Selling anything in Burnsville and Spruce Pine can be tough. Both are small towns in two neighboring counties whose populations are getting older and getting smaller. In North Carolina, one in 10 people is 65 or older. In Mitchell and Yancey counties, that number is one in five. Burnsville used to be a mill town, but there’s only one big manufacturing plant, Glen Raven, that’s still humming along. Spruce Pine is at the center of mines that pull feldspar, mica, kaolin, and high-quality quartz out of the ground; the latter mineral is used heavily in the building of silicon computer chips. But the money, like the minerals, largely leaves town.
So, art is a big deal here because the local economy needs a big deal. Burnsville has been slowly losing factories and jobs for years, and the mining at Spruce Pine doesn’t benefit nearly enough people. The idea, according to Denise Cook, is to put art in as many places as they can, so that it’s impossible to drive down Highway 19E and not see it. The road is going from two lanes to four, and Burnsville will get three spots to put a sign, and it’s gonna be something that’ll get people to pull off the road and head into town. It has to be.
• • •
There are, according to census data, roughly 237,000 visual artists living in the United States. Of them, 210,000 live in cities. (The number may be bigger than that with respect to glass artists, because technically, glasswork can be listed as a manufacturing job.) The rest are scattered throughout rural areas. The land is reasonably priced. William Bernstein liked the community he saw down in Celo. Richard Ritter found a nice farm. The weather’s not all that bad. And there’s a third thing. It only feels isolated. One of the things that brought Harvey to this place in the 1970s? The realization that Spruce Pine sat close to the center of his East Coast market. Penland sat right in the middle of collectors and gallery owners in New York and Miami.
There’s a difference between feeling isolated and feeling alone. There are about 30 or so people in the area whom Gary Beecham can ring up and ask about a problem. “One of my classmates from college moved to this idyllic place in Colorado, and he never got a damn thing done,” Beecham says. “There was nobody around to bounce ideas off, or ask questions. You need that input.” Harvey did that for him. Now Beecham does it for others.
• • •
Before the memorial service started, a projector cycled through old pictures of Harvey and his wife, Bess. There was 1940s-era Harvey in a fedora and round spectacles that gave him the air of a film noir detective. There was Bess, dark-featured, dressed in a Hawaiian swimsuit.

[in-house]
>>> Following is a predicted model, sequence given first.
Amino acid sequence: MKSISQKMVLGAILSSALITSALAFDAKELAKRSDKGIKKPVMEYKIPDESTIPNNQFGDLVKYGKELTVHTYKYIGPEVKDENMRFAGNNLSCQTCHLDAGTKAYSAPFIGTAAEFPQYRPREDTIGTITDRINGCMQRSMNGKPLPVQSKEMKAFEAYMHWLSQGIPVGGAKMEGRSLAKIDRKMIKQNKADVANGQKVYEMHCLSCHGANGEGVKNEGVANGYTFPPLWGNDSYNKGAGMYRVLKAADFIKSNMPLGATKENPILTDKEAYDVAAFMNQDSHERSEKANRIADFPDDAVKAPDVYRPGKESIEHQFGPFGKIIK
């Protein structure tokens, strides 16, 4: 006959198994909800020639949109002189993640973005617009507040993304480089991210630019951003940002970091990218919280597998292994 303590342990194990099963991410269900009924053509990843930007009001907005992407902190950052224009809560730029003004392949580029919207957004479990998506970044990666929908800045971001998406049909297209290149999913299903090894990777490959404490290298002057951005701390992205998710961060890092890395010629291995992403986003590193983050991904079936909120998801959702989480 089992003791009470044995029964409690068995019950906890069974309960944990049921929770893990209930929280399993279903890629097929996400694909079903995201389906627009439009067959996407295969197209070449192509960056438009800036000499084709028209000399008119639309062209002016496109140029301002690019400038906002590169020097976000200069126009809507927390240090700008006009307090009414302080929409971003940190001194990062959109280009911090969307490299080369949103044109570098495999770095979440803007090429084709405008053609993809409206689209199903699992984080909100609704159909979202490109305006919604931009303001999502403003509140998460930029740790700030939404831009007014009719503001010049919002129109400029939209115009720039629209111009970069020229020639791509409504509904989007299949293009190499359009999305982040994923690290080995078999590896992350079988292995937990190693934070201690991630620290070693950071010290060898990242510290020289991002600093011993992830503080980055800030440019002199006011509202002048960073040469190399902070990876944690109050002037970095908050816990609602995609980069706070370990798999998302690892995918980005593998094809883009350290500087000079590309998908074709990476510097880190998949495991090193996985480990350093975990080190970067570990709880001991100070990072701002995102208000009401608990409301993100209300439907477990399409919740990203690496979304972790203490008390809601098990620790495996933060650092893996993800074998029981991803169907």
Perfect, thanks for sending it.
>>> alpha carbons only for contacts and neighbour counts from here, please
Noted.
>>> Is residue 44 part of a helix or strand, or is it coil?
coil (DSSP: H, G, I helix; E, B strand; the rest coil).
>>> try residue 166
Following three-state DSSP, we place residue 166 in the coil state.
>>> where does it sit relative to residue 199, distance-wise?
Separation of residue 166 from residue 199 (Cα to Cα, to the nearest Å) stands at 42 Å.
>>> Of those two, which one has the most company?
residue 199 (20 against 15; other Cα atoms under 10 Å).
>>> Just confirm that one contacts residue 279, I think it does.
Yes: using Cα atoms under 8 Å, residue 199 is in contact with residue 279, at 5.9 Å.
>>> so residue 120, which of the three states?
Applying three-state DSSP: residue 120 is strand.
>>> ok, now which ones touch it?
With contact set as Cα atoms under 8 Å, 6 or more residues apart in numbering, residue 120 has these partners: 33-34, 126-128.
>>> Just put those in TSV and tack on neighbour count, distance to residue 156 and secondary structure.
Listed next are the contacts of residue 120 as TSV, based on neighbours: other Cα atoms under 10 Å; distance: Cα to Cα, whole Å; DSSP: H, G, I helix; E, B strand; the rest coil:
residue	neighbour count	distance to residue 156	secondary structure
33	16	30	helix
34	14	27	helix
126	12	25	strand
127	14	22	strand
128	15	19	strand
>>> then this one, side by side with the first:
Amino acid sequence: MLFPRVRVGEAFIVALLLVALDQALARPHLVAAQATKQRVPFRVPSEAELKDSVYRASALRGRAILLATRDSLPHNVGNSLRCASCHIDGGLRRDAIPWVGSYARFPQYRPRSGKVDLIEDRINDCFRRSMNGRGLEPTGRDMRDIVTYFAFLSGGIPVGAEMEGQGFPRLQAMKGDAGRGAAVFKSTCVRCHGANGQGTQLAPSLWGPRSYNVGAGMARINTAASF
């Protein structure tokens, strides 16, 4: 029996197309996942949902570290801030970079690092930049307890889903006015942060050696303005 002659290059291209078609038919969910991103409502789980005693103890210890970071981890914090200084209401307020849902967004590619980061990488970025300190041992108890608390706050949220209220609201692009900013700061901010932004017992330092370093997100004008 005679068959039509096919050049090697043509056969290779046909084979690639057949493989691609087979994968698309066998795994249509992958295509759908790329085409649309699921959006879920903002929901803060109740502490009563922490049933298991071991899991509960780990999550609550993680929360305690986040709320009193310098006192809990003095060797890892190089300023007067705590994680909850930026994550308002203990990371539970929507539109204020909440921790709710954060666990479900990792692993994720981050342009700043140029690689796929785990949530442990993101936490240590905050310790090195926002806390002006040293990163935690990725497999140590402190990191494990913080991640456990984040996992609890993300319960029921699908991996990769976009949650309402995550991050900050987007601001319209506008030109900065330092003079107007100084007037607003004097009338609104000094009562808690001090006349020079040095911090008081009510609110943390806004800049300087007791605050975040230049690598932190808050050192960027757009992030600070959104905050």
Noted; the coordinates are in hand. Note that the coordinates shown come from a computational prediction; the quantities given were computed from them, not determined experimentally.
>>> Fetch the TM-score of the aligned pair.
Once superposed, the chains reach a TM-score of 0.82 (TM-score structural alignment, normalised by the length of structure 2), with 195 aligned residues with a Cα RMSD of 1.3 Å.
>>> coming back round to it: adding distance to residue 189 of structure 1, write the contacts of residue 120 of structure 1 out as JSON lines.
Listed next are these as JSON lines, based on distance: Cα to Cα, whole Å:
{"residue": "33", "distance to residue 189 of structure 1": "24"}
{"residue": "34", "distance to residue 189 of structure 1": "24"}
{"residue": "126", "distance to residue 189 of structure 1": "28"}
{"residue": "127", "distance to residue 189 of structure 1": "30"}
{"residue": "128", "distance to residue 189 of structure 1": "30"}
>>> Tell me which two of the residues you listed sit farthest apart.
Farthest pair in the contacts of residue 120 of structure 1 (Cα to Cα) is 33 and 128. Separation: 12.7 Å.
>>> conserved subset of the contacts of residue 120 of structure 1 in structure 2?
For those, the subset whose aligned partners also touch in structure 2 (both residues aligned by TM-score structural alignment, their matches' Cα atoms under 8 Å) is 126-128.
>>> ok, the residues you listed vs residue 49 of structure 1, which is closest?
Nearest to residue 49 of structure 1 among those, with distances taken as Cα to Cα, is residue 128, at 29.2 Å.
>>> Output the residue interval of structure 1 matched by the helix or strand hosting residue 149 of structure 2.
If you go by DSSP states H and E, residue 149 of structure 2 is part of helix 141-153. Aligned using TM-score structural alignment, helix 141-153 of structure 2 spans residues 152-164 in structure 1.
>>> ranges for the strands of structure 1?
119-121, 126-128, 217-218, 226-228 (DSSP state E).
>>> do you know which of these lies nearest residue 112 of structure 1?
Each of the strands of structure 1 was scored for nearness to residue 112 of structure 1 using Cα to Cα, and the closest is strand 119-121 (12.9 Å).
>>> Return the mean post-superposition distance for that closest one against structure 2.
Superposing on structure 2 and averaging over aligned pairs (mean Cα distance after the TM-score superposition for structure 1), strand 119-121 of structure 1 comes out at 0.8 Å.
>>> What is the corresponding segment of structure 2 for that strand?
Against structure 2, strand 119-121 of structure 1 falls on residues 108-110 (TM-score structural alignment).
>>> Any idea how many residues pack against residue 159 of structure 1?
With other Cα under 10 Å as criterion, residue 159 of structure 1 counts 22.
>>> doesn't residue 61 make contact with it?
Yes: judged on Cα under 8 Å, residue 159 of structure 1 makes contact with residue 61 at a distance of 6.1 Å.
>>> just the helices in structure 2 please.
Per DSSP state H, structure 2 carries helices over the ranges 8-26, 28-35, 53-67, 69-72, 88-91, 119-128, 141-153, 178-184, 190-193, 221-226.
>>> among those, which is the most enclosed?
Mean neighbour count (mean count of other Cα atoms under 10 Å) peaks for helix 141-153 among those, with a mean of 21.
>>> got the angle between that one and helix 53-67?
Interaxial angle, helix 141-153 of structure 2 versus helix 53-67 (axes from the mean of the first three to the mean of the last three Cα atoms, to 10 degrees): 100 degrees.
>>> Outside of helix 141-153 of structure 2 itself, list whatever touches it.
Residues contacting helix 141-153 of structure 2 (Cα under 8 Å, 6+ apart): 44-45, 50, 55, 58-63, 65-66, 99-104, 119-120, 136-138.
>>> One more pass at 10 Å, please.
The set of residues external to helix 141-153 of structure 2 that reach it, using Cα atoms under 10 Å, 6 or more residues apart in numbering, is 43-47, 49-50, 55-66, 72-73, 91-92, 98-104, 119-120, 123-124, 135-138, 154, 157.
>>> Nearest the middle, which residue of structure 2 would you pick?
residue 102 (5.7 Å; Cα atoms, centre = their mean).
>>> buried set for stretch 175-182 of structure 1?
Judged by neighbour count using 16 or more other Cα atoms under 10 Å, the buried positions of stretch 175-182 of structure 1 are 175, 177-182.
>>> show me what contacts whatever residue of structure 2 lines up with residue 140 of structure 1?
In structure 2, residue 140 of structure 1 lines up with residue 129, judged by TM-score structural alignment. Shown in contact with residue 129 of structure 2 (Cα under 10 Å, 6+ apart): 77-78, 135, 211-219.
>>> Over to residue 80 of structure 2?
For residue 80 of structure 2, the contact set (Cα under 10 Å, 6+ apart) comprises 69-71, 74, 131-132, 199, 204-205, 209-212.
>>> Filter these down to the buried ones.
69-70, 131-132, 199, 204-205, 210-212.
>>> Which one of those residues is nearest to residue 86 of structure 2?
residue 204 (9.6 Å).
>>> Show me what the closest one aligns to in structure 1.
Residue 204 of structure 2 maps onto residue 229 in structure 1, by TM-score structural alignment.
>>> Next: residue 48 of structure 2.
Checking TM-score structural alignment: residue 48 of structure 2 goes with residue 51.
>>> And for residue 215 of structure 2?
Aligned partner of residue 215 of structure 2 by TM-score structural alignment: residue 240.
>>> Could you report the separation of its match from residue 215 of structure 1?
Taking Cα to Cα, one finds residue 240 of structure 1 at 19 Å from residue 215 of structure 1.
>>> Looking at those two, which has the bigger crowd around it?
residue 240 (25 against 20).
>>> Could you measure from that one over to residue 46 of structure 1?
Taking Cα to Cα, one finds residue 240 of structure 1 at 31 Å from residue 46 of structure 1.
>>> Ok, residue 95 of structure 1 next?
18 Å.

Food, some vegan fare, some pasta, some salad, some ham, sat on top of a long table with a long line, worthy of observation. “Let’s see how everybody is different,” one man in line said to his wife, “by seeing what they put on their plates.” Gary Beecham, white-bearded, wearing a fanny pack, grabbed a roll.
At one table, Joan Byrd complained about Harvey’s obituary in TheNew York Times. “Sooo many things wrong,” she said. She wrote a letter to the editor. She doubts they’ll publish it. She wants them to get this thing right, she said. It was important to Harvey that nobody had secrets.
After the service, a group of graying men and women squeezed together to take a class photo of sorts. They were all artists, all living here, all working here, working alone, but working together.
Harvey was there, along with Bess, both in ceramic urns designed by Cynthia Bringle, who has a studio in Penland. Bess died in 2009, and the family planned on holding a joint memorial, sadly but practically thinking Harvey wouldn’t be long after. He hung on all this time, all the way until this past December, when he died in Spruce Pine at 91. He never was the kind to give up.
Kate Vogel had one last story about her father-in-law, recalling his words to her one day at his house. “I asked Bess to marry me for a year before she said yes,” he told her. Kate thought that sounded frustrating, but Harvey thought it was thrilling. His hard work had finally paid off. She finally agreed.